THERE BEING NO HIERARCHY IN THE CHURCH
Furthermore, in the early church there was no hierarchy. Yet today in many Christian organizations there is a class called the clergy. Is this according to the Bible? You can serve God, and I also can serve God. We all can serve God. Is there any difference between your service and my service to God? We may have different functions and points of emphasis, but essentially your service and mine should not be different. If we all intend to attain God’s original goal, every one of us should serve God (1 Pet. 2:9).
In the early church, every believer was a serving one. Before they were saved, they lived for mammon, but from the day they were saved, they were separated from the world by the Lord. They still had their occupations, but their occupations were only for their livelihood. Their primary occupation was to serve God. We must be like the early believers if we intend to serve God. Our job should become our secondary occupation, merely for us to make a living. We no longer live on the earth to make a living for ourselves but to serve God. The early apostles and disciples all lived this way.
THE DEVELOPMENT OF THE HIERARCHY
In A.D. 313, Constantine made Christianity the state religion and strongly promoted it. He encouraged the Romans to join the church and promised them rewards. Basically, those who joined the church for rewards were not regenerated or saved and therefore could not serve God. They came into Christianity, but Christ did not come into them. They had not been saved by God to come out of the world; rather, they were still in union with the world. When the number of such ones increased, some of them decided to bring the Judaic system and practice into Christianity. In Judaism, not everyone could serve God; only the priests could. The professing Christians brought the Jewish priestly system into Christianity so that they could continue their worldly living without caring for the spiritual things. All spiritual matters were entrusted to the priests. In the Catholic Church the priests were called “fathers.” The so-called Catholic fathers are equivalent to the priests in Judaism, and the long robes which they wear are the same as the robes of the Old Testament priests.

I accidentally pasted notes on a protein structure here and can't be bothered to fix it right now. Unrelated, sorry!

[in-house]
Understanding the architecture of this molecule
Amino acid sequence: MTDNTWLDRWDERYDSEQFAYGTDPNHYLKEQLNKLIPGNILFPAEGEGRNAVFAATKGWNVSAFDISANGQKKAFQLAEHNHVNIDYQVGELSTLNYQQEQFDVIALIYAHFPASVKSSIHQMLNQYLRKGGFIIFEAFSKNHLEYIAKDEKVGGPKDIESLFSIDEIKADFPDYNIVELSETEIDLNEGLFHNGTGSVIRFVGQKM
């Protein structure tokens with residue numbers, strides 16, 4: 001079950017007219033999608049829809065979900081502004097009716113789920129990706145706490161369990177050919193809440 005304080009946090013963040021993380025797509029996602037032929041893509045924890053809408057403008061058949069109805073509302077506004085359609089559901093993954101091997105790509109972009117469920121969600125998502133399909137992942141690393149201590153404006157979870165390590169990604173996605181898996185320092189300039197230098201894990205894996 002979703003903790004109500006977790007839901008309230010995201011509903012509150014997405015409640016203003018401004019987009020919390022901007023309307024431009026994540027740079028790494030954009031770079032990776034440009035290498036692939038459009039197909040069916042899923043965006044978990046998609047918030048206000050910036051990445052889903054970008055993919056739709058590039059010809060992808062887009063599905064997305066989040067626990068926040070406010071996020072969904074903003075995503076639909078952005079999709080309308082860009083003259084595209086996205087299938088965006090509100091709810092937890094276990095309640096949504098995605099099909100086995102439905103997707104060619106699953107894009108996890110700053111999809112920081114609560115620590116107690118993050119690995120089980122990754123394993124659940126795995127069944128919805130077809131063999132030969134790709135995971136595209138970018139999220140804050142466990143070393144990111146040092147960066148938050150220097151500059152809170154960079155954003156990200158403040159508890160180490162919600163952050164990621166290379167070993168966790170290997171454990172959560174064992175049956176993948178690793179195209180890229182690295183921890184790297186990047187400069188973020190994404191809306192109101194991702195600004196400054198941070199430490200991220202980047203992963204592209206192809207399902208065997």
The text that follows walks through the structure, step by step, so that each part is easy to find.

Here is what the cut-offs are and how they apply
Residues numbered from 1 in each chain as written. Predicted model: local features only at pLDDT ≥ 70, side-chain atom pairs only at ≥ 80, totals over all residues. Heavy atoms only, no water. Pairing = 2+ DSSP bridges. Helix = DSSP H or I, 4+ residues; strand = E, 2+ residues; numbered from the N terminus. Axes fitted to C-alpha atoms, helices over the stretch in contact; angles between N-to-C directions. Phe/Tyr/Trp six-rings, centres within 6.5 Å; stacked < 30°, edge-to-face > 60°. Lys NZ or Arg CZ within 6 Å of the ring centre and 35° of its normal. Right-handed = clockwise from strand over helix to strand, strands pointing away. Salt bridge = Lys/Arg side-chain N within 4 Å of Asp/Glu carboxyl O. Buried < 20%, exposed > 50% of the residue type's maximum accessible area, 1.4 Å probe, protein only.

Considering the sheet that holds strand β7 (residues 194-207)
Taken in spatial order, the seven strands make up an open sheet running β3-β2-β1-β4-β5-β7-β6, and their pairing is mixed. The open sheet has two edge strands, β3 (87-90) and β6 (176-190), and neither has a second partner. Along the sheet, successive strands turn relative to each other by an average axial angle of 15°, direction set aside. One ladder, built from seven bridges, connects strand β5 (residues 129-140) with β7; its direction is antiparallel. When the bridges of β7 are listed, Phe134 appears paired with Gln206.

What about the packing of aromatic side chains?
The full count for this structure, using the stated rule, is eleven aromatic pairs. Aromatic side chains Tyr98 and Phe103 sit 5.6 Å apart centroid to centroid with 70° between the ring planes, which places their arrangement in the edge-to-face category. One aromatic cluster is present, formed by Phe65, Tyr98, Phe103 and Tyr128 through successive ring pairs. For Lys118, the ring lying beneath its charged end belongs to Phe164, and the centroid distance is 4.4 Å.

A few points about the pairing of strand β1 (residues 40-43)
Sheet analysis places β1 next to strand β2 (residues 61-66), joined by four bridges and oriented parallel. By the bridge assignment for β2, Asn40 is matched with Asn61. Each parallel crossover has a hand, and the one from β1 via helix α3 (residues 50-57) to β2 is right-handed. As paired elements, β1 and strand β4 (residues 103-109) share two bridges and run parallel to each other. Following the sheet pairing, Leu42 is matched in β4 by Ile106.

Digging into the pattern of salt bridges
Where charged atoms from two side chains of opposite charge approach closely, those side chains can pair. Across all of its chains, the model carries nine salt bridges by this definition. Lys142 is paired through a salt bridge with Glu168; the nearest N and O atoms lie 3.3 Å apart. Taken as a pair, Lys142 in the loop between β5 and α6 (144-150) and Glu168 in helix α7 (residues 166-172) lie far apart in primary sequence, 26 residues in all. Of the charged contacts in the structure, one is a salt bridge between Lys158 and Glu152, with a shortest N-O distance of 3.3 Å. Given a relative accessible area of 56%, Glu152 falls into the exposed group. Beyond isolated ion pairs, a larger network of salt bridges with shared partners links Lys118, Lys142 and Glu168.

During the time of the Reformation, the reforms carried out by Luther were very limited. In fact, the Protestant churches inherited many traditions from the Roman Catholic Church. The Catholic Church had priests; the Protestant churches had pastors. Many of the Protestant churches were called state churches. For example, the Anglican Church, or the Church of England, was established as a state church with its pastors and bishops receiving salaries from the government. Even today, when the king or queen of England is crowned, the archbishop has to lay hands on him or her.
When the Episcopalian Church spread to China, it was still a state church and still had its clergy, which was copied from the priestly system of the Roman Catholic Church. Later, in Protestantism there were the private churches. Some Christians saw the truth in the Bible concerning baptism—that a person should be baptized after believing in the Lord. Others saw that the church should be administered by the elders. Consequently, those who were in favor of baptism formed the Baptist church while those who approved of the administration of the church by the elders formed the Presbyterian church. Later John Wesley was raised up by the Lord, and subsequently the Wesleyan church was formed. All these so-called churches have a pastoral system. Up to the present, in the Roman Catholic Church the priests still handle the sacred duties and serve God on behalf of the common people. The Protestant state churches have their bishops while the private churches have their pastors. Such a concept of a clergy-laity system seriously damages people and hinders them from serving God.
(The Pursuit of a Christian, Chapter 4, by Witness Lee)